SSMS System Requirements
The current release of SSMS supports the following 64-bit platforms when used with the latest available service pack:
Supported Operating Systems:
- Windows 11 (64-bit)
- Windows 10 (64-bit) version 1607 (10.0.14393) or later
- Windows Server 2022 (64-bit)
- Windows Server 2019 (64-bit)
- Windows Server 2016 (64-bit)
- 1.8 GHz or faster x86 (Intel, AMD) processor. Dual-core or better recommended
- 2 GB of RAM; 4 GB of RAM recommended (2.5 GB minimum if running on a virtual machine)
- Hard disk space: Minimum of 2 GB up to 10 GB of available space
SSMS is available only as a 32-bit application for Windows. If you need a tool that runs on operating systems other than Windows, we recommend Azure Data Studio. Azure Data Studio is a cross-platform tool that runs on macOS, Linux, and Windows. For details, see Azure Data Studio.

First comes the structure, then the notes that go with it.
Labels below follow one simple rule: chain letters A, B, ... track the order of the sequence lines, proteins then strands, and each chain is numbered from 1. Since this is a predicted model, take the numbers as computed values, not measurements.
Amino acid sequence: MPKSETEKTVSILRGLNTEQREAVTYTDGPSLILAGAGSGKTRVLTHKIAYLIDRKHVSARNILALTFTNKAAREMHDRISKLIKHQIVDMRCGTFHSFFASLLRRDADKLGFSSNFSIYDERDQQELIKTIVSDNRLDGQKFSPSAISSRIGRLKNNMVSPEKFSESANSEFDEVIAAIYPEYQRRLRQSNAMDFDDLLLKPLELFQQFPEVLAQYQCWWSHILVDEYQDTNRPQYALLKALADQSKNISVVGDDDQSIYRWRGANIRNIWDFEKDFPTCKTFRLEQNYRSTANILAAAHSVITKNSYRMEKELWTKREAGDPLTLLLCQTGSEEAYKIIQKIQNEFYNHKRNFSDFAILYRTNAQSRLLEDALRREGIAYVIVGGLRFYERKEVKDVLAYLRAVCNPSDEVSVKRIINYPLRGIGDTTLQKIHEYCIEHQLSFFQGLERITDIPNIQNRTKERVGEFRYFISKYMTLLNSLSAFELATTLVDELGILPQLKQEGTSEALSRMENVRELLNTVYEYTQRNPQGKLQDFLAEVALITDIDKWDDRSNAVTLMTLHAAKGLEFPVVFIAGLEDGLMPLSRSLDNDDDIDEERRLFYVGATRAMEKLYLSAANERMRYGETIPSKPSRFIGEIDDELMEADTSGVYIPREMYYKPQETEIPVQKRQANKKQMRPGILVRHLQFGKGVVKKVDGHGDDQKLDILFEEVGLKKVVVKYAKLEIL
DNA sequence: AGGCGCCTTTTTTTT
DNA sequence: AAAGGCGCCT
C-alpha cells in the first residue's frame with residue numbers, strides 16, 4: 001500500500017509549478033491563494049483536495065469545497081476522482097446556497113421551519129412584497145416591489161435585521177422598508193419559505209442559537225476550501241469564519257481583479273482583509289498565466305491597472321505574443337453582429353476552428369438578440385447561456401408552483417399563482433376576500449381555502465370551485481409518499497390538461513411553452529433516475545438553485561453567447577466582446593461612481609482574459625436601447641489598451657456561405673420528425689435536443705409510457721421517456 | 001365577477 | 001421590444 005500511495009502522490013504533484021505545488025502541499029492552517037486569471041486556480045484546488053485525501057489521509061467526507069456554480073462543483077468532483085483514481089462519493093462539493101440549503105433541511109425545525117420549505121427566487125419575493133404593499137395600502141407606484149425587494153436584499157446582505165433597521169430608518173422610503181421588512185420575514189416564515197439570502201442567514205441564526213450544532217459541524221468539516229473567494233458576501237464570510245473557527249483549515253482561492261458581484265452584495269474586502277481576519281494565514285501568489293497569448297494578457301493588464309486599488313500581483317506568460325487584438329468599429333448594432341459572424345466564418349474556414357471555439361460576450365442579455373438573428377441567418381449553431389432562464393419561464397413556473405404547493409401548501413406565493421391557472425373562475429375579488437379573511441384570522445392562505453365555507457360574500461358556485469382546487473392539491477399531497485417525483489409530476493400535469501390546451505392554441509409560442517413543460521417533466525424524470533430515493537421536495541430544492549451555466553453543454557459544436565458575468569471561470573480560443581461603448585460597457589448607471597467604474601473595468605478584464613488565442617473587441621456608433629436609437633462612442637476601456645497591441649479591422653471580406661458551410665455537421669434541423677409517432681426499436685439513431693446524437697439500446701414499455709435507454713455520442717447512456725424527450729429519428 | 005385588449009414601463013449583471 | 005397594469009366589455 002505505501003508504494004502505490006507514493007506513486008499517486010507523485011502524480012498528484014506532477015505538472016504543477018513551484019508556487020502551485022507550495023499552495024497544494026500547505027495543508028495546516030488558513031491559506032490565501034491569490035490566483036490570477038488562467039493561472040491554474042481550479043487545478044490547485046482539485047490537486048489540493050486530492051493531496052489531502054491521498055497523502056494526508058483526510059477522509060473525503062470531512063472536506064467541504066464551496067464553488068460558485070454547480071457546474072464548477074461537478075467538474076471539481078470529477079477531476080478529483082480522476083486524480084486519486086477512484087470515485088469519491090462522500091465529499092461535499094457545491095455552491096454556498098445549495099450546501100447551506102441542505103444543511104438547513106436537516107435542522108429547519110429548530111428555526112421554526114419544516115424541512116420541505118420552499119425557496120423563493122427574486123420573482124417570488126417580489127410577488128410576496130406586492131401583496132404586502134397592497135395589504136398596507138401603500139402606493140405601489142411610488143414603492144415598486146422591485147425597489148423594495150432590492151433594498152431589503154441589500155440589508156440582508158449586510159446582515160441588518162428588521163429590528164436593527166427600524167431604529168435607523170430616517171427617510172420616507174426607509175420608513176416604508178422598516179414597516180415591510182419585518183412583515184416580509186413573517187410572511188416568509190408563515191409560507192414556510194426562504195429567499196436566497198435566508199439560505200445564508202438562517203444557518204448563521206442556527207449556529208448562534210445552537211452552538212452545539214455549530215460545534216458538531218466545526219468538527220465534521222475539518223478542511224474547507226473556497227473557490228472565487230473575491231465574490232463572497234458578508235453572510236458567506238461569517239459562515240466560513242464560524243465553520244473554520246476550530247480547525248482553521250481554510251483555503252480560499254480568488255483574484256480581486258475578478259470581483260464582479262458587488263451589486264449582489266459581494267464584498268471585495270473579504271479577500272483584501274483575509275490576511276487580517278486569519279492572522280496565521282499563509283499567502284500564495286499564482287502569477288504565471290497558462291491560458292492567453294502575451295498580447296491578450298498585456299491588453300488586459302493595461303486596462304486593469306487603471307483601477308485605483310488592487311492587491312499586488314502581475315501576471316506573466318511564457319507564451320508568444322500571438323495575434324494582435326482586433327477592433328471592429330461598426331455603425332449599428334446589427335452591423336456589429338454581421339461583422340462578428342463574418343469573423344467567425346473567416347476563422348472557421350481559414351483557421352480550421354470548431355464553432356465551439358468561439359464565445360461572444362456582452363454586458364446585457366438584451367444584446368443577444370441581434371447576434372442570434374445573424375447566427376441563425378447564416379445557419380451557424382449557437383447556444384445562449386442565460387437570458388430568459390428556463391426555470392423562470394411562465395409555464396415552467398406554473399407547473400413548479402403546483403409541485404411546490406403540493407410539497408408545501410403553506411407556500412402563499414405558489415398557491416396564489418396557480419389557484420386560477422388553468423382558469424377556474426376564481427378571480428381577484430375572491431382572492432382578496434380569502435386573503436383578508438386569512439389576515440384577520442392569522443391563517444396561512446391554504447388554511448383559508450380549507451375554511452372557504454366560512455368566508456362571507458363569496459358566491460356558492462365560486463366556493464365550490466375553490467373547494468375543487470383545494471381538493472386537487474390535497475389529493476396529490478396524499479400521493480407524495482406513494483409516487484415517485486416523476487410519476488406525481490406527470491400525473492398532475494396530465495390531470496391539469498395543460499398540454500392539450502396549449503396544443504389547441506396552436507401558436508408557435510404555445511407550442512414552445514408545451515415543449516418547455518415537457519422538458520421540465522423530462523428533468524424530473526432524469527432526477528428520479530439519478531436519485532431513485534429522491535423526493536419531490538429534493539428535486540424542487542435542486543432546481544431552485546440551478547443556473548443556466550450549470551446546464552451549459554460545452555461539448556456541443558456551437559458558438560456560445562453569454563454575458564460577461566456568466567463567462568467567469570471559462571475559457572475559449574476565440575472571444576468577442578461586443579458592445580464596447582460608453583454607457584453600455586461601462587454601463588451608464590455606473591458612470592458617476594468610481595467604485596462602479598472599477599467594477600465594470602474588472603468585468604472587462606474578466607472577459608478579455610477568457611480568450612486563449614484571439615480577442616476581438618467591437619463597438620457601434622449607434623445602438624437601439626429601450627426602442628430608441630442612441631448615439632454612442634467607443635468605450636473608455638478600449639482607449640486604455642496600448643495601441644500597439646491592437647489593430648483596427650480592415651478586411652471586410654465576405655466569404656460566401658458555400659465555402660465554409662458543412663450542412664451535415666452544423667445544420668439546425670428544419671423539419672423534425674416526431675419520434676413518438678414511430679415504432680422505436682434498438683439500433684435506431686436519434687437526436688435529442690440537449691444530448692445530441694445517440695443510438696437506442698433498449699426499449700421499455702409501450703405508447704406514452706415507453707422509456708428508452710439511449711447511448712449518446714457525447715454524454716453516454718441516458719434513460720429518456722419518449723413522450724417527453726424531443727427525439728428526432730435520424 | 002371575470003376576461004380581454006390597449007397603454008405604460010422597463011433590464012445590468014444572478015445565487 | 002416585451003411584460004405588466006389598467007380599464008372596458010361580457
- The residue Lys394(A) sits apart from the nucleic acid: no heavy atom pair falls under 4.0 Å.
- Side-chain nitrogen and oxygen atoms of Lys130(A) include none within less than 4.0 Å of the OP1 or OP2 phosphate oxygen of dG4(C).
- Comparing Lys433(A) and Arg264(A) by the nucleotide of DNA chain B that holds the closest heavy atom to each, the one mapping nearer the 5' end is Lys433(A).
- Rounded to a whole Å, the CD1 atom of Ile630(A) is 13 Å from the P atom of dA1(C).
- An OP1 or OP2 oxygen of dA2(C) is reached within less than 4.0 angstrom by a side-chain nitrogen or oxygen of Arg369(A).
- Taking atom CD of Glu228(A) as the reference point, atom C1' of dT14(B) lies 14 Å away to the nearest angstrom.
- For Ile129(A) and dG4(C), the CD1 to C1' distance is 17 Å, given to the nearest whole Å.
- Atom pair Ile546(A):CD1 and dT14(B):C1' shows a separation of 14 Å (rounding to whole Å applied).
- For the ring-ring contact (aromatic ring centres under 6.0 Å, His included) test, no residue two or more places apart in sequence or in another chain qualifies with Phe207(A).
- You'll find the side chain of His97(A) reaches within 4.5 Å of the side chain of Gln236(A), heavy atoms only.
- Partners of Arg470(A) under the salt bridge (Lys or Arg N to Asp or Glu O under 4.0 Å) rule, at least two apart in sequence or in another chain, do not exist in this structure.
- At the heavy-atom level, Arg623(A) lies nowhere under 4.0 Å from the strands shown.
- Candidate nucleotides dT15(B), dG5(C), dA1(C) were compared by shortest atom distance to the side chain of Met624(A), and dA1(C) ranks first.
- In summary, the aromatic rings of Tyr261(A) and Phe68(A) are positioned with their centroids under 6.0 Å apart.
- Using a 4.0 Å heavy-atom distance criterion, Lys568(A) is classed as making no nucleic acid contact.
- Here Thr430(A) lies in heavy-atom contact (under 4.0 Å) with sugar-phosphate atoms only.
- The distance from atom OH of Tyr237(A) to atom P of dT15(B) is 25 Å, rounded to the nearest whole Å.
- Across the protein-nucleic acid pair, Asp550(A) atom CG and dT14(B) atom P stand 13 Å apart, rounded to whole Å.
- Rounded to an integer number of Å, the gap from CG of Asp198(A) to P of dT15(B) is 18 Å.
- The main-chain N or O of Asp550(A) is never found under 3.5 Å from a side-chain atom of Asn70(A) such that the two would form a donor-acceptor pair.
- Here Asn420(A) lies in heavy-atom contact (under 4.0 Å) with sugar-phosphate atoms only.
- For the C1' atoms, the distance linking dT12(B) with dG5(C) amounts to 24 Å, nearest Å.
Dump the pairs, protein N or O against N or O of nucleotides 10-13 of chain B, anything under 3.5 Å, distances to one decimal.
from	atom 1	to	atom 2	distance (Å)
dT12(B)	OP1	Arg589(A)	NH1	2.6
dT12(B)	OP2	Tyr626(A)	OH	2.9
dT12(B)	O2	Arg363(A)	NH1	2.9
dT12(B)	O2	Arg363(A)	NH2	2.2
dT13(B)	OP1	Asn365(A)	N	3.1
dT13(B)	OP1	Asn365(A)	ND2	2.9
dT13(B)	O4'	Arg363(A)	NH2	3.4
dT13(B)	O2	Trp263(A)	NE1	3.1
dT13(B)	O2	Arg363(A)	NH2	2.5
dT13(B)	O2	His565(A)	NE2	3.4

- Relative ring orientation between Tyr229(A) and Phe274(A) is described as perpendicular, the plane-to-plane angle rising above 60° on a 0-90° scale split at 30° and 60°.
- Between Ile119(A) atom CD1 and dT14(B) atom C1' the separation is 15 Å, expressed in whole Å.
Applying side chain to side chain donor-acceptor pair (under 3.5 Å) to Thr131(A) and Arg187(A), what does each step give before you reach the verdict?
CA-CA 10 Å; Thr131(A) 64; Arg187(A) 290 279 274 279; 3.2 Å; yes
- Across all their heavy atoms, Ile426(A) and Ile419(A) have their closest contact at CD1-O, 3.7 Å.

Get help for SQL tools
- All the ways to get help
- SSMS user feedback.
- Submit an Azure Data Studio Git issue
- Contribute to Azure Data Studio
- SQL Client Tools Forum
- SQL Server Data Tools - MSDN forum
- Support options for business users
- SQL tools
- SQL Server Management Studio documentation
- Azure Data Studio
- Download SQL Server Data Tools (SSDT)
- Latest updates
- Azure Data Architecture Guide
- SQL Server Blog
Contribute to SQL documentation
Did you know that you can edit SQL content yourself? If you do so, not only do you help improve our documentation, but you also get credited as a contributor to the page.
For more information, see How to contribute to SQL Server documentation